The Psychiatric Salad Bar -Adventures in Autism and Alternative Realities

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Descrizione dell’editore

The Psychiatric Salad Bar is a knife in the heart, and a poke at your funny bone. It is a free fall into the abyss of despair or the exhilaration of the acceleration and then the fear of what comes with terminal velocity. It is that hopelessly romantic notion that there is something better, trying to make that happen, and then watching that slowly slip away. It is about Sam and his high functioning autistic son, Jack.

As we find Sam we soon realize he has not personally visited the Psychiatric Salad Bar, but his son, Jack has and took it very seriously when he saw the sign “All you can eat” It was as if he got a hold of the DSM IV (the Diagnostic and Statistical Manual of Mental Disorders, fourth edition) and felt it was a personal challenge to get as far down the alphabet soup menu as anyone else ever has. He has succeeded beyond anyone’s wildest dreams.

For Sam, a typical day might start out with Jack appearing downstairs, with the hale and hearty morning greeting,” I am so f’ing pissed that no one got any milk for my cereal.” And good morning to you too.

Sam, really does feel like he is free falling.. Nothing makes sense. He believes he has far exceeded terminal velocity, which is, I guess, not possible, and clearly not necessary to get the job done.(termination). Even cats don’t survive a fall from more than three stories. So if it were possible to achieve Bonneville Flats kind of stats, what’s the point?

For Sam, denial, and a continuous state of being comfortably numb are pressed into action and demonstrate how these fine underrated dodges can be effective strategies for dealing with bizarro world. While this may be true, there is the down side: that wonderment which occurs either the next day or the one after that. “ Huh? I did what?”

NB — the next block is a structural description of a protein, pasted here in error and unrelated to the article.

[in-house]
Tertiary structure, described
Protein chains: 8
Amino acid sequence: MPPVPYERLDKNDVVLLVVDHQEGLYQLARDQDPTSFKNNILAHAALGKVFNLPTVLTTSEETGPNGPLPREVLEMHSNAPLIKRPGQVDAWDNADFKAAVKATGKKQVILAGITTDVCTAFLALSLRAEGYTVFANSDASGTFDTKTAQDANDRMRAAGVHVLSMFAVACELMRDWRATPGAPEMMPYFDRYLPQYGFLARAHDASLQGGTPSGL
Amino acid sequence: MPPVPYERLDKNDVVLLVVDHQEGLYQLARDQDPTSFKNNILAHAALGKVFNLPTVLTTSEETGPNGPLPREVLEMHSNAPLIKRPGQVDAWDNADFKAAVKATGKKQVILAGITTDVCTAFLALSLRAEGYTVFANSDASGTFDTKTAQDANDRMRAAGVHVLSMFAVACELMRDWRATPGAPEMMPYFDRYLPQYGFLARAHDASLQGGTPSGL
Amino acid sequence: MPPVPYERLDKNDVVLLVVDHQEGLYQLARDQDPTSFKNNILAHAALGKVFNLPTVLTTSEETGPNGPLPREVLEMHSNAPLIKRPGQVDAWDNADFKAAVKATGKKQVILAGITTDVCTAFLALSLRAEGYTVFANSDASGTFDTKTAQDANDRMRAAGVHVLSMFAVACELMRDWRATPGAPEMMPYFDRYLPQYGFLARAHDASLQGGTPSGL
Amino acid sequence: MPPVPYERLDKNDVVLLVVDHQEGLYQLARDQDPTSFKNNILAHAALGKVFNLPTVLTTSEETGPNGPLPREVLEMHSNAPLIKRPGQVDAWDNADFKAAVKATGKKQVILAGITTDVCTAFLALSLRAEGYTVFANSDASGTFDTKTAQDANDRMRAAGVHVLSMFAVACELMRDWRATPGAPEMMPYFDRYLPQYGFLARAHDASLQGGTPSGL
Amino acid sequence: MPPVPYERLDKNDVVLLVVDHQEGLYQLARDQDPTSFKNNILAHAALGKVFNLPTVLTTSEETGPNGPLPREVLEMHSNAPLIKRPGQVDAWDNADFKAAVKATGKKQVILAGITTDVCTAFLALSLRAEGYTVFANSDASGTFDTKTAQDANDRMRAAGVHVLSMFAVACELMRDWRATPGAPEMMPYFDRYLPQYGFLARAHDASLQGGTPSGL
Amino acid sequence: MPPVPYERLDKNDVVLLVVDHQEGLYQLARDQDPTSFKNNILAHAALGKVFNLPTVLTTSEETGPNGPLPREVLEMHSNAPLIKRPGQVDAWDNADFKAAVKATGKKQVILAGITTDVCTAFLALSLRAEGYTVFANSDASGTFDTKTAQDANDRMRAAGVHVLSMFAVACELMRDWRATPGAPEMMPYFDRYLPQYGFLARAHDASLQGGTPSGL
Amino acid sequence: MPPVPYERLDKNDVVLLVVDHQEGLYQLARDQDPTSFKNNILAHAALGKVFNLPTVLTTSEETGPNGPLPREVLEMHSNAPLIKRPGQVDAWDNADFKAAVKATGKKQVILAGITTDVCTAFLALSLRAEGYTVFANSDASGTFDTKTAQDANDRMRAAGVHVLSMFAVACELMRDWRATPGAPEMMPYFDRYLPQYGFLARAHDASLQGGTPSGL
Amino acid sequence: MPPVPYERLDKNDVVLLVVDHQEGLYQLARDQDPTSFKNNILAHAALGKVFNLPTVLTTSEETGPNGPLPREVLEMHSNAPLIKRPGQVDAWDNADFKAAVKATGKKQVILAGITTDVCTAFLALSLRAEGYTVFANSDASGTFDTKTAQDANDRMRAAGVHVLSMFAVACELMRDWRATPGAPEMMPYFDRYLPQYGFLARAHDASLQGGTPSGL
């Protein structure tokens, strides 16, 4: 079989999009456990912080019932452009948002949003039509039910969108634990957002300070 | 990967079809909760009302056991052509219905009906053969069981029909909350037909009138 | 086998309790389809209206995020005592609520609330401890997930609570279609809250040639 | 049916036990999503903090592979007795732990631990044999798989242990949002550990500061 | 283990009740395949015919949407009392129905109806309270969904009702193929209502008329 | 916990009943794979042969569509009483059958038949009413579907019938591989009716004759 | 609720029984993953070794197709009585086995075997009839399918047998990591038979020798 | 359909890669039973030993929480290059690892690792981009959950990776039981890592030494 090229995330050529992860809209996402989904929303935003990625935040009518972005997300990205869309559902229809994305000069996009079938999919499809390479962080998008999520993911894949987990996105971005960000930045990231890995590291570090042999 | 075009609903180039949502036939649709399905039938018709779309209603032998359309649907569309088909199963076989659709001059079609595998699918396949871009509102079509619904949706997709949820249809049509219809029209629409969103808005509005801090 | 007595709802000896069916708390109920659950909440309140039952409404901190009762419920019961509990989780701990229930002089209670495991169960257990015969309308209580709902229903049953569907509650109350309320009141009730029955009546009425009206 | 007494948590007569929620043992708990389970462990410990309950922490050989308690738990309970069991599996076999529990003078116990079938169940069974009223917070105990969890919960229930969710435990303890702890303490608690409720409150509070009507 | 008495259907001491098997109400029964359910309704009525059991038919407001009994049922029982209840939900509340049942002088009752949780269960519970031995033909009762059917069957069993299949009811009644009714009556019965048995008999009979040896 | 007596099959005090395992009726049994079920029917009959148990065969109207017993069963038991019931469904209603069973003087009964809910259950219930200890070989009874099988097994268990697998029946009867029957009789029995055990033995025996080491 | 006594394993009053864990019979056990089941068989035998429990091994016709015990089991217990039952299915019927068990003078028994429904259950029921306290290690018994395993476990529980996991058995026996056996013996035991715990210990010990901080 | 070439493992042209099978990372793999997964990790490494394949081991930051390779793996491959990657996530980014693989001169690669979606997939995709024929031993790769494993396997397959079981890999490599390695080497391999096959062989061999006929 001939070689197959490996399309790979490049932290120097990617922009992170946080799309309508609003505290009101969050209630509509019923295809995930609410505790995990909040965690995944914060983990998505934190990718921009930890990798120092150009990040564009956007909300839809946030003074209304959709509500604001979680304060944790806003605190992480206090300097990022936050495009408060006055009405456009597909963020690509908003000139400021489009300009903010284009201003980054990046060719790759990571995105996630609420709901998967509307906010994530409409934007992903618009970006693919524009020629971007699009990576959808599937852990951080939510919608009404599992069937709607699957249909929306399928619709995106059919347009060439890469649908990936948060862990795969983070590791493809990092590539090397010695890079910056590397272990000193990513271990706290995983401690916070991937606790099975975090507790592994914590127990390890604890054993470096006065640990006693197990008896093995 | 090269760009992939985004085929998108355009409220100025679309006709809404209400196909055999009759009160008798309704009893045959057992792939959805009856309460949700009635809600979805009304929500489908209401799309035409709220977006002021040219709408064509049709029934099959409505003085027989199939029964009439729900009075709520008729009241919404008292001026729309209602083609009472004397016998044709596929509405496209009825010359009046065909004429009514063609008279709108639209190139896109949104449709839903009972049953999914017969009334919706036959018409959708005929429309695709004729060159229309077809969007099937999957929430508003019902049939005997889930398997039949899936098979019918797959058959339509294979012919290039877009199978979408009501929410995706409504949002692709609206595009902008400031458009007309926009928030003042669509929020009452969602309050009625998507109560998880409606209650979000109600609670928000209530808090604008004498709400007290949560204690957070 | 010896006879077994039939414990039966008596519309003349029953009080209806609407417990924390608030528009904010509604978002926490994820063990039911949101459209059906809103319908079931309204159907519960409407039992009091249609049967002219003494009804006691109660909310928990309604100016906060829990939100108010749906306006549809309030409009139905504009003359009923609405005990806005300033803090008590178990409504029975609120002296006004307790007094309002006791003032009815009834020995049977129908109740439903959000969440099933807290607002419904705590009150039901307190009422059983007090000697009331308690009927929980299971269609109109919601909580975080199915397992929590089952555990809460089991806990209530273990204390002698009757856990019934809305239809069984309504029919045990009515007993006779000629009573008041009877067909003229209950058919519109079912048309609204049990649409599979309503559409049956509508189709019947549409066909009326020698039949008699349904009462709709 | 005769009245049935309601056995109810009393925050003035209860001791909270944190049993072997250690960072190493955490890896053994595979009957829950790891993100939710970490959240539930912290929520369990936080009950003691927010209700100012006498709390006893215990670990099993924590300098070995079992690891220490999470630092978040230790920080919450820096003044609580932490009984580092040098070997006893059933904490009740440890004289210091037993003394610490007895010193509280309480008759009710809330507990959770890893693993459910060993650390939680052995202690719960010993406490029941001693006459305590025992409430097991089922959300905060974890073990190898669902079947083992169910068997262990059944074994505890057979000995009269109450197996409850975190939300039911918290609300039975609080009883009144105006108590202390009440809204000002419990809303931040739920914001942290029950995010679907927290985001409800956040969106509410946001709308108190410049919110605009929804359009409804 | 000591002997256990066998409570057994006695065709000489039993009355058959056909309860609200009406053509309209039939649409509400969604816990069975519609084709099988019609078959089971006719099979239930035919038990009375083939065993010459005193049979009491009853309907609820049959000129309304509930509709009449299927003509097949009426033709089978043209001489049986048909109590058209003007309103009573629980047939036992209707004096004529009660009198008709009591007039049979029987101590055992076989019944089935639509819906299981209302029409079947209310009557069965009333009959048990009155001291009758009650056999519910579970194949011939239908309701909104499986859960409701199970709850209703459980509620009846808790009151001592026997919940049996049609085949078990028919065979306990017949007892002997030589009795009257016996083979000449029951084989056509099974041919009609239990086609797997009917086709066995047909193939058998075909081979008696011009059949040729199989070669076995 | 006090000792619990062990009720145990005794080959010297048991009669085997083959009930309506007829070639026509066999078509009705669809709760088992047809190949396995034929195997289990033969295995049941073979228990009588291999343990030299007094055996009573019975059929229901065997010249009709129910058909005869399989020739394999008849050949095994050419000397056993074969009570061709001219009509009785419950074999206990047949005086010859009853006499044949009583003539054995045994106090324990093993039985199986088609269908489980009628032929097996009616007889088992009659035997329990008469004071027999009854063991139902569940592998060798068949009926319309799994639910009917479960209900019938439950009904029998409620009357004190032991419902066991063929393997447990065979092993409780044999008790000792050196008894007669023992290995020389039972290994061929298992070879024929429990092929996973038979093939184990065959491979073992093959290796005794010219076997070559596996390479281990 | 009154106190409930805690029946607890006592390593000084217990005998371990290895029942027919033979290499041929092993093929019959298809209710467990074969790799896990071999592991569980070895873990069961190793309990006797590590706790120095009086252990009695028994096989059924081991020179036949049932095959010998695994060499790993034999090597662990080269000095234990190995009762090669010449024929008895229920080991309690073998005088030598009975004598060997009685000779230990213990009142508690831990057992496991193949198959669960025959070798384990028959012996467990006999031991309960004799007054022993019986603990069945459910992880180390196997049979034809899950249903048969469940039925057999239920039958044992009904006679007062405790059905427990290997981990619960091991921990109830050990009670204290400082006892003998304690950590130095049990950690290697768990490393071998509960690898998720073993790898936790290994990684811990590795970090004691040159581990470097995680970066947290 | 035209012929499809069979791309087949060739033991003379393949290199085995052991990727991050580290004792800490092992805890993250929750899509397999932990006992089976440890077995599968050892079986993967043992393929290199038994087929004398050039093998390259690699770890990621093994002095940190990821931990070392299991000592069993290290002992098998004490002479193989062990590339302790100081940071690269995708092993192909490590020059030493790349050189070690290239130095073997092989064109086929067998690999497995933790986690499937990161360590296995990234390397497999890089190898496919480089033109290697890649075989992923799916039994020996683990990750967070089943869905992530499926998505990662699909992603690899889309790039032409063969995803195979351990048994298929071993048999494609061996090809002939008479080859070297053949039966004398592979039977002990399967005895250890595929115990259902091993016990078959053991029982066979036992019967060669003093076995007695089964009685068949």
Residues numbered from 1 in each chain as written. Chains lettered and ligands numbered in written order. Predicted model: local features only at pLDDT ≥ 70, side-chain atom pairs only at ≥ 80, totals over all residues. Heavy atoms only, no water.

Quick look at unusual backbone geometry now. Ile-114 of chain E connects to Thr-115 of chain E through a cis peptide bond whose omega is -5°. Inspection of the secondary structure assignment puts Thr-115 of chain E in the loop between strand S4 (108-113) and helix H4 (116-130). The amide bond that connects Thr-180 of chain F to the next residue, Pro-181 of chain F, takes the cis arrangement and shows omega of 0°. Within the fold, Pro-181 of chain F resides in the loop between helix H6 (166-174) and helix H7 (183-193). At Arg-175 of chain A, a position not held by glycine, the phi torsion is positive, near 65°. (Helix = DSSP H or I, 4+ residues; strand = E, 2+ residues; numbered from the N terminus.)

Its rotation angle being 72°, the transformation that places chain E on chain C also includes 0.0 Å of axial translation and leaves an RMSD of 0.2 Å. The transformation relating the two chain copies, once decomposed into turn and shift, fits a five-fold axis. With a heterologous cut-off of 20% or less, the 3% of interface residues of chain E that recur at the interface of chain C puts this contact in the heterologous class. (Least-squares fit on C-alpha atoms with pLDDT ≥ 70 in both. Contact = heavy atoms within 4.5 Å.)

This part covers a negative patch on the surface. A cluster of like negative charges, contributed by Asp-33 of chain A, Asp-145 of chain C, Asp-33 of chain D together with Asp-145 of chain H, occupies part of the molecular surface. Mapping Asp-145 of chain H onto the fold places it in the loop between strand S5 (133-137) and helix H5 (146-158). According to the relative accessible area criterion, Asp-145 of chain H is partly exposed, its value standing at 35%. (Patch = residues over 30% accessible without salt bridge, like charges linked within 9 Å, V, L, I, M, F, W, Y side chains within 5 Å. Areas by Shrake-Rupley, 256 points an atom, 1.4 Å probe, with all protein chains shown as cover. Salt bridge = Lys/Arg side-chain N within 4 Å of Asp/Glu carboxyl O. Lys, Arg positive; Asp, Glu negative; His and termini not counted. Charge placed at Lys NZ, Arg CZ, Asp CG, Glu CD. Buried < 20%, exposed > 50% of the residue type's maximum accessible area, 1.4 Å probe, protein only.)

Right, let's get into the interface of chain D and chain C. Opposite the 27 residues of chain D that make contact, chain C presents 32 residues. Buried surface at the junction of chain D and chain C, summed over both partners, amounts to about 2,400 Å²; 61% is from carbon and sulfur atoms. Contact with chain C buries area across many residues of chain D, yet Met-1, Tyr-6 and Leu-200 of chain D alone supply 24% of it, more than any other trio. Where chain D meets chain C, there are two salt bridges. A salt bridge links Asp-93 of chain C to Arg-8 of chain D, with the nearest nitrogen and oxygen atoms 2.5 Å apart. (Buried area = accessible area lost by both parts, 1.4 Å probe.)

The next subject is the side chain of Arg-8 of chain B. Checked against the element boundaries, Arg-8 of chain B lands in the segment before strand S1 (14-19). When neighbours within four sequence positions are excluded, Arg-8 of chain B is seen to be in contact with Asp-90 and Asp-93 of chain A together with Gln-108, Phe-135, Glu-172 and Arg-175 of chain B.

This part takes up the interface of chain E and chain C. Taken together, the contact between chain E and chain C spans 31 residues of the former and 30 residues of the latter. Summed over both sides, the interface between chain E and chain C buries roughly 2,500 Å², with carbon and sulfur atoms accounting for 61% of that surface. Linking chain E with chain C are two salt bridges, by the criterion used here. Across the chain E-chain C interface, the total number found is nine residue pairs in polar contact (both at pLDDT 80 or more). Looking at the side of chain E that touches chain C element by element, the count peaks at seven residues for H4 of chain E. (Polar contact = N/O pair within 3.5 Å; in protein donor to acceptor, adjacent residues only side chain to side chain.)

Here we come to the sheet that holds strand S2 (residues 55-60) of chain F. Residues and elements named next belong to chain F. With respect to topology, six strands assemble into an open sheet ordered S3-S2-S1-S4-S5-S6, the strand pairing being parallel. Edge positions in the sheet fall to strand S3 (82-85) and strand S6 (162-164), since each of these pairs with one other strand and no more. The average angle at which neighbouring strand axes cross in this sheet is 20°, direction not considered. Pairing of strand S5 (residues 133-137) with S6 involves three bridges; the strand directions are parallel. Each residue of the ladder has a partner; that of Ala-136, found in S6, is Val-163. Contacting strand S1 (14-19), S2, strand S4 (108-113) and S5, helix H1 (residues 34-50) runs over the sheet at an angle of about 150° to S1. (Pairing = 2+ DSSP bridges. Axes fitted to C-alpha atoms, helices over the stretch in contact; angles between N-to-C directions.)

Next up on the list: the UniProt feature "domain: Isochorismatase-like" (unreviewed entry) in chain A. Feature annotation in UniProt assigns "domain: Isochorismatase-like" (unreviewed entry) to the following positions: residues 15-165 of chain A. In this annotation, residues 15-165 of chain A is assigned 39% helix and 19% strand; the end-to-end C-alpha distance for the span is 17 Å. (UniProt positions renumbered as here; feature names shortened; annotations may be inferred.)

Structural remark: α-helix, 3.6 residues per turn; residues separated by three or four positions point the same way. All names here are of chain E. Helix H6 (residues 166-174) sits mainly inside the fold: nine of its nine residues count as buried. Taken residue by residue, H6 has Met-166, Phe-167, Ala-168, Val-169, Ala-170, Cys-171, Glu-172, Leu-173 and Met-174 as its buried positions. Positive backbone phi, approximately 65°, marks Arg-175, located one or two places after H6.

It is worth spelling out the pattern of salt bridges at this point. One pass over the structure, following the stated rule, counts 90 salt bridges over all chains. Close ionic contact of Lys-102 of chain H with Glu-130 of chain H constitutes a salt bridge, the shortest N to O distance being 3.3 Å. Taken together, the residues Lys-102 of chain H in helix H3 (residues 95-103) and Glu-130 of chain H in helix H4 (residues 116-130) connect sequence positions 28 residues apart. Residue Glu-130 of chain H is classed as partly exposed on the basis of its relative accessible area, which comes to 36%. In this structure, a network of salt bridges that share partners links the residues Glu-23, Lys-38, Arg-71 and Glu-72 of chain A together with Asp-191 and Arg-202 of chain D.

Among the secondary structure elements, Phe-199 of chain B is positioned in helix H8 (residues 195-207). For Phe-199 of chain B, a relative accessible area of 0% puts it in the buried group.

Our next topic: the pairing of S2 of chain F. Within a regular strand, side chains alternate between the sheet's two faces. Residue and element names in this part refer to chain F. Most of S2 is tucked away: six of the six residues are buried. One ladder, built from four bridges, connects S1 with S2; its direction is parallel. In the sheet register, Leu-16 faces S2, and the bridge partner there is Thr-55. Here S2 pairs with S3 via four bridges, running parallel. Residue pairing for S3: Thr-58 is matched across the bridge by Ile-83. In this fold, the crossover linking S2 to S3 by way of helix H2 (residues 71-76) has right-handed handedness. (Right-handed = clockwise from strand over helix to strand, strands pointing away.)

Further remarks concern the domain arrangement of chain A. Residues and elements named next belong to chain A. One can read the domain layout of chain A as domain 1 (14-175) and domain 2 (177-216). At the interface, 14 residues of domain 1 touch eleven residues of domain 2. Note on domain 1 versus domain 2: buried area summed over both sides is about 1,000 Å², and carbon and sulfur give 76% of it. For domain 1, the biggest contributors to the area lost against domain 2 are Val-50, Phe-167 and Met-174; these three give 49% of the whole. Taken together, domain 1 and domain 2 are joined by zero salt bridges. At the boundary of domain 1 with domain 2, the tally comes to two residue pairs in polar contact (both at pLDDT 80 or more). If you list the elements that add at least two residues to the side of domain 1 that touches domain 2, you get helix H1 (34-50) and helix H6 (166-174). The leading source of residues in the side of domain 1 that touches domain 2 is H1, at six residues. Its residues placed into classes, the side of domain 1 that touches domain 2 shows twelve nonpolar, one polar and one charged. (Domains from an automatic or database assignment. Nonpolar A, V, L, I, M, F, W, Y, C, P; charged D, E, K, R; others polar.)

For Sam that came during one of the many times that he was not putting his whole heart into recalibrating his consumption of adult beverages. Apparently he hit the friend me request button on Facebook. His condition, blurred by his lack of resolve, resulted in no recollection of having done so. Several days later he received a reply, which startled him. “Um Hi. This is a surprise.”

What the hell have I done? I have opened up the past which many others have done with regret. A forty year old scab has been ripped off, but yet, it is too compelling to ignore.” What ensues is a real time exchange between Sam and his presumptive daughter to catch up and reconcile something that never was. They do this through emails over the course of eight months.

For Sam, it represents , the possibility of forging a new and alternative reality to the one which he must slog through everyday…caring for Jack whose mantra is, “life sucks and I want it to end”, usually followed by,” I want a new video game system and “f” you Dad” when Sam says no.

The intersection of Facebook, autism, alcoholism and the quest for normalcy make for one helluva trip. This is not a book about experts, pundits, theorists positing the latest flavor of the month “How to book….”. This is boots on the ground, and grunts like Sam trying their best to help a son or daughter and to somehow survive.

8 novembre
Robert C. Hancock

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